Recessions: How Different Investors Respond

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When you were in high school, did you ever find it frustrating that the fate of your Friday nights hung entirely on your parents’ moods?

Take borrowing the car, for example. You’d ask your parents to borrow the car for a Friday night, and the answer would often depend on your parents’ moods instead of the circumstances. You were planning on spending the night watching an age-appropriate movie with some well-behaved friends. You gave the names of the kids along with their parents’ names and contact information to your parents if they wanted to corroborate your story. You planned to come home before midnight and promised to fill the tank the next day. Yet, despite your pleadings, sometimes the answer was “no,” and you were powerless to change their minds.

Isn’t it frustrating to be held hostage to someone else’s mood or emotions? Yet, isn’t that how investing in the stock market is?

Imagine if there was a meter in your house growing up that measured the mood your parents were in. Would it probably influence your actions?

Well, did you know there’s a gauge that measures the state of investor emotions in the stock market, and many investors base their decisions on this meter?

The Fear & Greed Index, put out by CNN Business, is used to gauge the market’s mood. Many investors are emotional and reactionary, and fear and greed sentiment indicators can alert investors to their own emotions and biases that can influence their decisions.

The Fear and Greed Index mirrors investor sentiment and emotions.

Here is a timeline of investor sentiment over the past year:

Investor sentiment has been on a roller coaster ride the past year. Truthfully, it’s like this every year, and it’s reflected in the stock market as the Dow rises and falls with investor sentiment.

Don’t you value predictability when you plan – in life, in business, in finances?

When planning a beach trip, why do you check the weather forecast? Because predictability allows for more confident planning. If you see seven straight days of sunshine, you could be fairly confident that you’re not picnic is not going to be rained on, and you base your planning on that predictability.

If you invest in the stock market, based on the charts above, how is it even possible to make any financial plans with so much uncertainty and unpredictability? It’s not possible, making investing in stocks a guessing game – speculation.

Because of the unpredictability of the equity markets, the average investor gets caught up in speculation and playing the timing game – timing investments to beat the market. Everyone is trying to buy low before everyone else and sell high before a dip. Investors constantly scan the internet forums, social media, and financial news for an edge.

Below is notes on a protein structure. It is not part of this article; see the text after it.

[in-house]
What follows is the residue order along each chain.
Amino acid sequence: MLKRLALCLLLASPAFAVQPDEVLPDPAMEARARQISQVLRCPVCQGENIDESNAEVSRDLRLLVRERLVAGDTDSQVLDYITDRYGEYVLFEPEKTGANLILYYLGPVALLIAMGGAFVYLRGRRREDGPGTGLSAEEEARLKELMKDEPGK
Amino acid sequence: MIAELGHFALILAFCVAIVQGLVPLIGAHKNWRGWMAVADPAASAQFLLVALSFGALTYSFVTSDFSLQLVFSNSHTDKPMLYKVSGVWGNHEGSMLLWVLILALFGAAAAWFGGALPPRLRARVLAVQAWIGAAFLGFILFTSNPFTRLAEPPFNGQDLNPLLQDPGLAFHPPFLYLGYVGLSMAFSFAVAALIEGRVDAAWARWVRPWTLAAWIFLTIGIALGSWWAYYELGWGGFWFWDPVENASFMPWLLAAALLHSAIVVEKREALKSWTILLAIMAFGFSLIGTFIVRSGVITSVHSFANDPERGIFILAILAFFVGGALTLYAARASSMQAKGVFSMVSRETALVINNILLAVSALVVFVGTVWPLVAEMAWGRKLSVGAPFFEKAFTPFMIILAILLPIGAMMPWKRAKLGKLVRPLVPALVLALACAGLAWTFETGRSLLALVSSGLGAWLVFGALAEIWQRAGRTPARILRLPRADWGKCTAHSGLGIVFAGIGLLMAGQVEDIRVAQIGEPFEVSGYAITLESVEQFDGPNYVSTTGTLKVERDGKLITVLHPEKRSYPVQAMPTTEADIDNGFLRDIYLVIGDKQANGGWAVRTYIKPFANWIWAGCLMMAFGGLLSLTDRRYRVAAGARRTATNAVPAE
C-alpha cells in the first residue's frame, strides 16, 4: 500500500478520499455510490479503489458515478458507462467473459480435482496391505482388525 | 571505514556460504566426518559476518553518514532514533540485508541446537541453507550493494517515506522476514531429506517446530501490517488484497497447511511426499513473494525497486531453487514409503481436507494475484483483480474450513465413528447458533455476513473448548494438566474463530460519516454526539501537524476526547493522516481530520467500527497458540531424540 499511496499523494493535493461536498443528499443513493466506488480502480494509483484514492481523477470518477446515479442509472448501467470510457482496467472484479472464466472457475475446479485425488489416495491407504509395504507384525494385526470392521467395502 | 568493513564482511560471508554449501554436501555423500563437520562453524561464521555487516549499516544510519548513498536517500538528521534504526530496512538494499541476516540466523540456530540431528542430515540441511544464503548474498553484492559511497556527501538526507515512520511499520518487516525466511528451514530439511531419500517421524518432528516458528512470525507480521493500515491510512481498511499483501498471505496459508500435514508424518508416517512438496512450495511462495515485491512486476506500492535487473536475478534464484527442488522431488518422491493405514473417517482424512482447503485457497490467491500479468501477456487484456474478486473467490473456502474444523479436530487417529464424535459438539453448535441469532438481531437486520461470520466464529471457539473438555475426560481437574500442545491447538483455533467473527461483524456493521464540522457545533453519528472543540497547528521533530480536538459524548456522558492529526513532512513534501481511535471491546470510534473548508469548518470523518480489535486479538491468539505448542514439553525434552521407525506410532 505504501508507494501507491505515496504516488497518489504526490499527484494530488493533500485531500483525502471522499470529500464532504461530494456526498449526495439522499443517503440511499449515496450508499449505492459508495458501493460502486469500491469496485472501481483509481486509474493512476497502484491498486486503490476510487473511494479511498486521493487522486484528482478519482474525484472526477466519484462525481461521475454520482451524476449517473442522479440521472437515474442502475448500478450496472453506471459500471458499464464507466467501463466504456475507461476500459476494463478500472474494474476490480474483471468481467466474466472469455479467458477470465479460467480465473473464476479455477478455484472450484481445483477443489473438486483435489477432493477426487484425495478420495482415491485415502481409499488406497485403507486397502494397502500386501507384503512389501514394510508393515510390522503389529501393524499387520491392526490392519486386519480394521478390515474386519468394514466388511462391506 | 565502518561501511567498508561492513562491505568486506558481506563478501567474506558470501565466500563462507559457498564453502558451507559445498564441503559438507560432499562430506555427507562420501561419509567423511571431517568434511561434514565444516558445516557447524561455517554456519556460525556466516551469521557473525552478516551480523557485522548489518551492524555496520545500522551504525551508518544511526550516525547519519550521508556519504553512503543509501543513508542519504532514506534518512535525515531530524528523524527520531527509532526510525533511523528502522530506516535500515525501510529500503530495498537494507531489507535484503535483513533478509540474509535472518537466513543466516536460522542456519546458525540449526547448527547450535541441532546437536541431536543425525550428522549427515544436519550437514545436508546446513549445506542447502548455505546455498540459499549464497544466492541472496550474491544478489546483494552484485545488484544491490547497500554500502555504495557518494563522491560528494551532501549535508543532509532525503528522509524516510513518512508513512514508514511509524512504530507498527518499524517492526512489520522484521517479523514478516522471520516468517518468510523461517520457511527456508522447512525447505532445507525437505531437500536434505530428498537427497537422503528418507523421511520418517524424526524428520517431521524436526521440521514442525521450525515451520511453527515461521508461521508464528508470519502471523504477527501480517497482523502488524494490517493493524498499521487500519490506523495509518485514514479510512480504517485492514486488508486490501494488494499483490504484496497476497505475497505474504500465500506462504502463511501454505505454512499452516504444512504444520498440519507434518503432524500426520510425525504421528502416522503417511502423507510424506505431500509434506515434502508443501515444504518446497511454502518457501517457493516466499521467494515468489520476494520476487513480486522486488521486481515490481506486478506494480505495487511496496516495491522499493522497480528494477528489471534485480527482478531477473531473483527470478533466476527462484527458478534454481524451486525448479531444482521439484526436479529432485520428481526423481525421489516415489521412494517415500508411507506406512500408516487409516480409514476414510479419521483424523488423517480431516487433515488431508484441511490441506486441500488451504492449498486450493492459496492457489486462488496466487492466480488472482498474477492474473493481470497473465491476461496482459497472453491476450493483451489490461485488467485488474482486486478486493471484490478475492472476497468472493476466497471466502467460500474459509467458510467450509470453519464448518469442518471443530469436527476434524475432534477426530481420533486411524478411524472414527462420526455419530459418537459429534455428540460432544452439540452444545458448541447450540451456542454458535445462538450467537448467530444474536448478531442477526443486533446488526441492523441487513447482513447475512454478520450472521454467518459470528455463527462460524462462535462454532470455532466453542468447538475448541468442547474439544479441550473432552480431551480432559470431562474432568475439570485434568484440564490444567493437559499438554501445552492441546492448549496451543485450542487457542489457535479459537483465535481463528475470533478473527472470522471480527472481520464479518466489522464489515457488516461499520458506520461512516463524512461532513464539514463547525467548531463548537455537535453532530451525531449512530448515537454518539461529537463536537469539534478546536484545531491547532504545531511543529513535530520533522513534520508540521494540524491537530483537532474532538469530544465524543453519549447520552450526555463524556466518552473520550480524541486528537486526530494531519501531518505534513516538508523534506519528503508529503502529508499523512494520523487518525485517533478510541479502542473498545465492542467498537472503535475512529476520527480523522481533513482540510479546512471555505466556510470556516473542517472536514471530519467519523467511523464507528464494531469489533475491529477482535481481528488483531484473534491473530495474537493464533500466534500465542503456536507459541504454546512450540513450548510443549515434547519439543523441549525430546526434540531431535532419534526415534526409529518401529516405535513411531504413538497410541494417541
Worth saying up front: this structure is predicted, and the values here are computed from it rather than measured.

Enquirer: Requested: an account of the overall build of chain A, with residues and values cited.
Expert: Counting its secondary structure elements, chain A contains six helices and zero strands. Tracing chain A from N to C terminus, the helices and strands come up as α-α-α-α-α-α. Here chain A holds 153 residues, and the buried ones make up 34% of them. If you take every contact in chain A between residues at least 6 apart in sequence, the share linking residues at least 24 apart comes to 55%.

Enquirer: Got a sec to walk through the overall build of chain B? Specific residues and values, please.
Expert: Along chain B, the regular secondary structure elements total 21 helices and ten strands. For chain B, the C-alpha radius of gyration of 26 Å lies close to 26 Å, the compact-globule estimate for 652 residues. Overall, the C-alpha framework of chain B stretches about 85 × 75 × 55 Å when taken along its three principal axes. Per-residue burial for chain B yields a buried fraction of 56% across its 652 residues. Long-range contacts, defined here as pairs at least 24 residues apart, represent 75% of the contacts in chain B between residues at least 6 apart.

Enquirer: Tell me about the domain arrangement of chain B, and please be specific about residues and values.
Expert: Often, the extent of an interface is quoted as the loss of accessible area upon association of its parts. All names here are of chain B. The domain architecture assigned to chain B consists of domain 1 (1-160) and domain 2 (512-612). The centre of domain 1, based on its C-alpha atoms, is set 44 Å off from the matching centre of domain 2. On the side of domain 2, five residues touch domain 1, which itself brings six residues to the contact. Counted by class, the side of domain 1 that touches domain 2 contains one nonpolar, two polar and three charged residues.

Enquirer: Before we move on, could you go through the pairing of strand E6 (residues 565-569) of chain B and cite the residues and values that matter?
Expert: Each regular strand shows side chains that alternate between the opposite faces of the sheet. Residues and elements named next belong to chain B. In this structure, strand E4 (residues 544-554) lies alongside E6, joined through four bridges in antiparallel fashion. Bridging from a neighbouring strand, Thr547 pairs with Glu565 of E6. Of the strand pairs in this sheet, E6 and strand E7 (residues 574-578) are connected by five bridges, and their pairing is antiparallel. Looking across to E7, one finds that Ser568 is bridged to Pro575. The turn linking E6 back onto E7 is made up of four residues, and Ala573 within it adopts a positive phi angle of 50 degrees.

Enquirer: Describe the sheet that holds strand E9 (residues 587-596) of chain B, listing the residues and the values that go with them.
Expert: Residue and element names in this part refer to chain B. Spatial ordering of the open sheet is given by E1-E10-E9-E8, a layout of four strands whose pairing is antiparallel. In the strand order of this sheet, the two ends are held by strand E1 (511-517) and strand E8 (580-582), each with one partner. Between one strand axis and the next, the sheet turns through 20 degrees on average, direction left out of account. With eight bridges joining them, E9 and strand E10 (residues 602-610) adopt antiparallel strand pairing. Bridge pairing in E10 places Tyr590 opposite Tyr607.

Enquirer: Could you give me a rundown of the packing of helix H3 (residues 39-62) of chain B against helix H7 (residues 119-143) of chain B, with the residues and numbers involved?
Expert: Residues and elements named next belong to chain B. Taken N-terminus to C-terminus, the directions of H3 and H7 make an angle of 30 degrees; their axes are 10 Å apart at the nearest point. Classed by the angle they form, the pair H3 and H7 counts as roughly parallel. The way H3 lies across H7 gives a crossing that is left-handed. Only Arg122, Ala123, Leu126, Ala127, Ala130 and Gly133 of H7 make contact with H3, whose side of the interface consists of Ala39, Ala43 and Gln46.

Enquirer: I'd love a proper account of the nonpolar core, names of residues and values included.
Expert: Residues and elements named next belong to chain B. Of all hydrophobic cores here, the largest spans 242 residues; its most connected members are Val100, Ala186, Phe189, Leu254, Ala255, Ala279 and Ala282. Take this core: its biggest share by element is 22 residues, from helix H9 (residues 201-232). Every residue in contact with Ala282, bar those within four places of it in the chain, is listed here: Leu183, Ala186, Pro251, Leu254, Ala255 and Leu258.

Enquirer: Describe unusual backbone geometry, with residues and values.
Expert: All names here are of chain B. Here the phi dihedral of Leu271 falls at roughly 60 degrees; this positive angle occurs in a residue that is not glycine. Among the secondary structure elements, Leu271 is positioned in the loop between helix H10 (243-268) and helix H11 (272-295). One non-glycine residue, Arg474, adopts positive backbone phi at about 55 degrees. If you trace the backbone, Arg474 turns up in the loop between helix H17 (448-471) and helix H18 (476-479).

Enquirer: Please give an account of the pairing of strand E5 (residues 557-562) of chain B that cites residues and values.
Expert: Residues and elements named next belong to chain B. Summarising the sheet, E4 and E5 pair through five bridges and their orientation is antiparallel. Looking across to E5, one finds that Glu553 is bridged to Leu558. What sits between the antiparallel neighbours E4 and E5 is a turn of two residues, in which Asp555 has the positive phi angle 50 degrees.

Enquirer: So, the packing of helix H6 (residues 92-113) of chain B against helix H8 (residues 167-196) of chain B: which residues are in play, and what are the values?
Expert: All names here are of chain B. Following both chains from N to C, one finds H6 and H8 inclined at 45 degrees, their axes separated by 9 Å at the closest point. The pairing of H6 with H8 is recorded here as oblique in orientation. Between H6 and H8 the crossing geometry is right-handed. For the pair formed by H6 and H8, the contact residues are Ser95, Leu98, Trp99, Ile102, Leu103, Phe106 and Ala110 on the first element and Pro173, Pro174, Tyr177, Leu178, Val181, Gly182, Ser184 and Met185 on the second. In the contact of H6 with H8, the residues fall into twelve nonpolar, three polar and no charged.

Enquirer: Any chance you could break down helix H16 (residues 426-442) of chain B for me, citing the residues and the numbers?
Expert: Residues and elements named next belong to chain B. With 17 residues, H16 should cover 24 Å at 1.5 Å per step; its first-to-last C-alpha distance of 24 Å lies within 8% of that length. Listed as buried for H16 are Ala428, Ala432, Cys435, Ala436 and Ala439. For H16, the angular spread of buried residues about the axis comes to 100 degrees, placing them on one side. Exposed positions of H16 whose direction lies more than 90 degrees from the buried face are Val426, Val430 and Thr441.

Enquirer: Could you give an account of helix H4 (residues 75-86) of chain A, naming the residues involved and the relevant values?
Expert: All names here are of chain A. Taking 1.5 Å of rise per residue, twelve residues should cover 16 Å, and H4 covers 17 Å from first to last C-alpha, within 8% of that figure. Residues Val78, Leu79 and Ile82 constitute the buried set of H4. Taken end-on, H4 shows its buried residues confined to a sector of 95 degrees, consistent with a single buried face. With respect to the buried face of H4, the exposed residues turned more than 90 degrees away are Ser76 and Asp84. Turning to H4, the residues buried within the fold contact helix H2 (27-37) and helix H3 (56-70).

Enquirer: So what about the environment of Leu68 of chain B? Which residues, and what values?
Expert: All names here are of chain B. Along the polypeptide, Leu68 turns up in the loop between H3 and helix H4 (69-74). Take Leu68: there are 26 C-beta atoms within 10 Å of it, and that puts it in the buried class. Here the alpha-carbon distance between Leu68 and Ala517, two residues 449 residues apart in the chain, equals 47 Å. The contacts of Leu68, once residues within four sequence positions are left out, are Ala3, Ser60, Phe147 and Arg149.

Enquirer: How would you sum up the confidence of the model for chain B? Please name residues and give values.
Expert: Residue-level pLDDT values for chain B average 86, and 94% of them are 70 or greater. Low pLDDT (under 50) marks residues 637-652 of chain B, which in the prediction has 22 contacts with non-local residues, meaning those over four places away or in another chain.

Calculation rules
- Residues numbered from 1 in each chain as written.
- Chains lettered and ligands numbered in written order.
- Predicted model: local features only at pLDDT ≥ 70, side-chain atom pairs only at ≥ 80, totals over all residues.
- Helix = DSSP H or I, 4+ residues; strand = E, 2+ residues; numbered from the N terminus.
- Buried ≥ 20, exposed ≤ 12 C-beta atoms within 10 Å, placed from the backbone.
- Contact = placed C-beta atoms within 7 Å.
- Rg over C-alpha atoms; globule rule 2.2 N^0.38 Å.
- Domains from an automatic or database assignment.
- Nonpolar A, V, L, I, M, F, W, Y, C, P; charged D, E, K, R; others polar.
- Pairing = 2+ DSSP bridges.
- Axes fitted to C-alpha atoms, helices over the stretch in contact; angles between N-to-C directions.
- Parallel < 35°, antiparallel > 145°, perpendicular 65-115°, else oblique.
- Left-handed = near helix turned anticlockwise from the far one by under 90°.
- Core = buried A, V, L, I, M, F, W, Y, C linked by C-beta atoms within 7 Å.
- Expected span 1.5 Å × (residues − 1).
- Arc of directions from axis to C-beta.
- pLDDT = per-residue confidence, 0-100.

The problem is that everyone else is doing the same thing so that nobody can ever have an advantage. Some investors get lucky once in a while, but nobody can time the market consistently – not even professional fund managers.

The most common sentiment evoked from playing the timing game on the stock market is frustration and regret – not elation.

Instead of “Woo Hoo!” most investors are often caught muttering a variation of one or more of the following utterances:

“If only I had bought it sooner?” 
“If only I had sold sooner.”
“If only I had held onto it longer.”  

While stock investors are held hostage to the whims of widespread investor sentiment, savvy investors are drawn to predictability.

Savvy ultra-wealthy investors don’t follow the Fear and Greed Index because they don’t let investor sentiment affect their investment choices. They’re not affected by irrational market drivers like investor sentiment, internet hype, and social media buzz because they do not invest in volatile speculative investments.

They value predictability.

Savvy investors value predictability because predictability promotes planning. When planning for financial independence, the ultra-wealthy want to be able to depend on reliability and consistency – two traits the equity markets can’t offer.

That’s why these savvy investors are drawn to private alternative investments not correlated to the broader markets and not tied to widespread investor sentiment. By relying on alternatives such as private real estate with a smooth, consistent upward trajectory rather than the volatile, rocky up and down equity markets, savvy investors can plan around consistent cash flow and appreciation and project returns and wealth with confidence.

Why put the fate of your portfolio in the hands of investor sentiment? Why not consider alternatives for consistency, reliability, and predictability?